Derrick Docket started as a graphic designer in the advertising industry, but was looking for a new position due to limited growth of that industry during that time. He then found the chance to fulfill his dream of working with sports, especially due to his love for college basketball, and started working for the Missouri Valley Conference, a NCAA athletics conference for universities in and around Missouri, six years ago. He manages the conference’s social media, is in charge of video content, assures the website functions, tweets, sends out podcasts, and covers events, as examples of his work show.

“My job title is sort of non-sense,” said Docket. “I am just a content producer, because I produce all sorts of content.”

When covering different sports events hosted by the MVC, Docket’s goal is to not only focus on basketball, “because they are on TV all the time anyway.” He wants to draw attention to less popular sports such as soccer or swimming and give these sports the chance to get their stories told.

He uses different approaches depending on the kind of event he covers and always tries to do things visually. “Anything visual that can speak for itself is a bonus,” said Derrick Docket.

 

Docket emphasized the importance of experimentation during his lecture. He said that he has no shame of trying things out, especially because the social and digital media is very fluid. A journalist/ producer should also keep in mind that people on the consumer end think differently than them. He actually conducted surveys on what his audience prefers in terms of which outlet to use and was surprised by most outcomes.

 

“News consumers just want to click in and watch,” he said.

Most people put a lot of thought into social media content, and Docket advised to get away from this approach. He best results happened to him when he “just picked up the thing and did it.” Especially in sports, since it is a very emotional area of coverage.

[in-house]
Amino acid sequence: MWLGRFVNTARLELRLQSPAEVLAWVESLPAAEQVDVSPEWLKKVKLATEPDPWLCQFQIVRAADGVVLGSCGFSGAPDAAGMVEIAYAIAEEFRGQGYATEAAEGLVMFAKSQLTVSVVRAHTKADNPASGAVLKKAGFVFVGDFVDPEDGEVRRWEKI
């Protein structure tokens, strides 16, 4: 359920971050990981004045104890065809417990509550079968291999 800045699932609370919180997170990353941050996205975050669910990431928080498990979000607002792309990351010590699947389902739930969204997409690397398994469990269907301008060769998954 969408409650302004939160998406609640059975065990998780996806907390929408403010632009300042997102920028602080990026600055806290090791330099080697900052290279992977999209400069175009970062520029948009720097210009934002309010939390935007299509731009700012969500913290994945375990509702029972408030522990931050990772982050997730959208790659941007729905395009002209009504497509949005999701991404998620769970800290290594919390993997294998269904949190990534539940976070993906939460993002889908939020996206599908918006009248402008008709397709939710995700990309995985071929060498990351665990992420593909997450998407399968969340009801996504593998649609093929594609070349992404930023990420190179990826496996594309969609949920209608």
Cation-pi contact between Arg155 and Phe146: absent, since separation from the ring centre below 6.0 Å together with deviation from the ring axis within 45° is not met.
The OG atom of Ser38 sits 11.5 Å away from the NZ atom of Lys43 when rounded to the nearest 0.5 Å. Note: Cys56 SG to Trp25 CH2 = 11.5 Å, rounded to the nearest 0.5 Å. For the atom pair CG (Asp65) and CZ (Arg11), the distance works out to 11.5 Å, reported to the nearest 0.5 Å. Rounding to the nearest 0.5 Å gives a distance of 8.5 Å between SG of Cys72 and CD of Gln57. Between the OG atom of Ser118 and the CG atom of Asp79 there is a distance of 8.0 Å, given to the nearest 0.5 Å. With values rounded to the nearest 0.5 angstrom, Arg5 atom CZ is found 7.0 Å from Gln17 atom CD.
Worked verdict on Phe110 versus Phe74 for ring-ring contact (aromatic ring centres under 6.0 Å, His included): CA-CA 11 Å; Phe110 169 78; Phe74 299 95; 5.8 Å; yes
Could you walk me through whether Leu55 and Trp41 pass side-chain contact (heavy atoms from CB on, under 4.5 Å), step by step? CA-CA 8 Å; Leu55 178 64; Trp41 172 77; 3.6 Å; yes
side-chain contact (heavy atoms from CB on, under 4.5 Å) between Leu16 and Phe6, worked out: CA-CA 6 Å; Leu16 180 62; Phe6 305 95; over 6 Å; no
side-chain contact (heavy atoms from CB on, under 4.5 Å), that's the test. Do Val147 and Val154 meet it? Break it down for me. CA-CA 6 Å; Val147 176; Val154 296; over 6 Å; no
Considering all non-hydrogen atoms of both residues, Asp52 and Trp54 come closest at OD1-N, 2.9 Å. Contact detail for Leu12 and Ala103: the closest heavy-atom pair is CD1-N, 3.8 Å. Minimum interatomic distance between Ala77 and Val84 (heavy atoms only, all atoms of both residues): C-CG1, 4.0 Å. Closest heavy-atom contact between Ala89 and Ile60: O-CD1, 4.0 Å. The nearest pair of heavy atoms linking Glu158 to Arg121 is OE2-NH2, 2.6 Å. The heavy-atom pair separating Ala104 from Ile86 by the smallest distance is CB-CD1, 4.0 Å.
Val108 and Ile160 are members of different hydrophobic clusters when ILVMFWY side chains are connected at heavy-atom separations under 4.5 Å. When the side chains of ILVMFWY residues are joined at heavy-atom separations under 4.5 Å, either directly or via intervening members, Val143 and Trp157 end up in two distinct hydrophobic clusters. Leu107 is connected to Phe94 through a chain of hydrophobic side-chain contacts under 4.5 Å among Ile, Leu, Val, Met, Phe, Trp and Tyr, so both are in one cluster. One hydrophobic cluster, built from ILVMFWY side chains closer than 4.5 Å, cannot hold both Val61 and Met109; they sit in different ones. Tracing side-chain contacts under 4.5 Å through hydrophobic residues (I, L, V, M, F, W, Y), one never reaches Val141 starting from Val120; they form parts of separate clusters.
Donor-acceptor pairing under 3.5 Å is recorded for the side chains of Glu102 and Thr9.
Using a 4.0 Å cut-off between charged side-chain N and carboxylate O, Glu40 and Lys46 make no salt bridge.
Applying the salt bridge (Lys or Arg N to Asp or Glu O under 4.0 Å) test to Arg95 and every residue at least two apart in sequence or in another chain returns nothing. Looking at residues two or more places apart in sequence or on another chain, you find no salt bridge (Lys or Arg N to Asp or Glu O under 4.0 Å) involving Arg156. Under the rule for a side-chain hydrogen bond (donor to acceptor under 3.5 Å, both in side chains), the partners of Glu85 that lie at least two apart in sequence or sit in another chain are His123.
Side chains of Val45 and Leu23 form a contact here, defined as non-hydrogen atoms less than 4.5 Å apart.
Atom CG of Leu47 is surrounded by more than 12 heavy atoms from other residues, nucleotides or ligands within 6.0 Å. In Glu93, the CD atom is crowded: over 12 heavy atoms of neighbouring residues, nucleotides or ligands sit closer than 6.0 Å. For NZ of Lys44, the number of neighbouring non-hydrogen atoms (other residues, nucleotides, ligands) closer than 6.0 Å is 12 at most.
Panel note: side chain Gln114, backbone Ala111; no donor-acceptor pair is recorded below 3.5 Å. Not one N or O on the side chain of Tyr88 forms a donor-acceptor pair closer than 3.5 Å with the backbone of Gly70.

In addition, Docket said that his secret to successful tweeting is a very light-hearted, humorous approach. This generates the largest audience and Twitter accounts that are responsive to the audience and conversational are most successful. There is a human behind a Twitter account with a logo in the profile picture, that is why accidents happen from time to time such as the “roar bacon” error by the St. Louis Blues.

Docket’s advice for young journalists that want to pursue a career within the industry is that working on cross-platform skills is critical. One should be able to effectively take pictures, shoot video and write at the same time. Constantly renewing these skills in terms of technological developments and the ability to work with Adobe creative suite is critical as well. Regarding apps and outlets, a personal account can serve for practice purposes, to get creative and explore limits, whereas this experience and knowledge can then be applied to a professional account.

Lastly, Docket gave an outlook on the industry from his perspective and said that video will definitely continue to grow. Instagram added a video function, Twitter added a studio to edit material which is tailored to video and allows for live stream.

“If you are not doing video on any platform, you will miss out,” he said.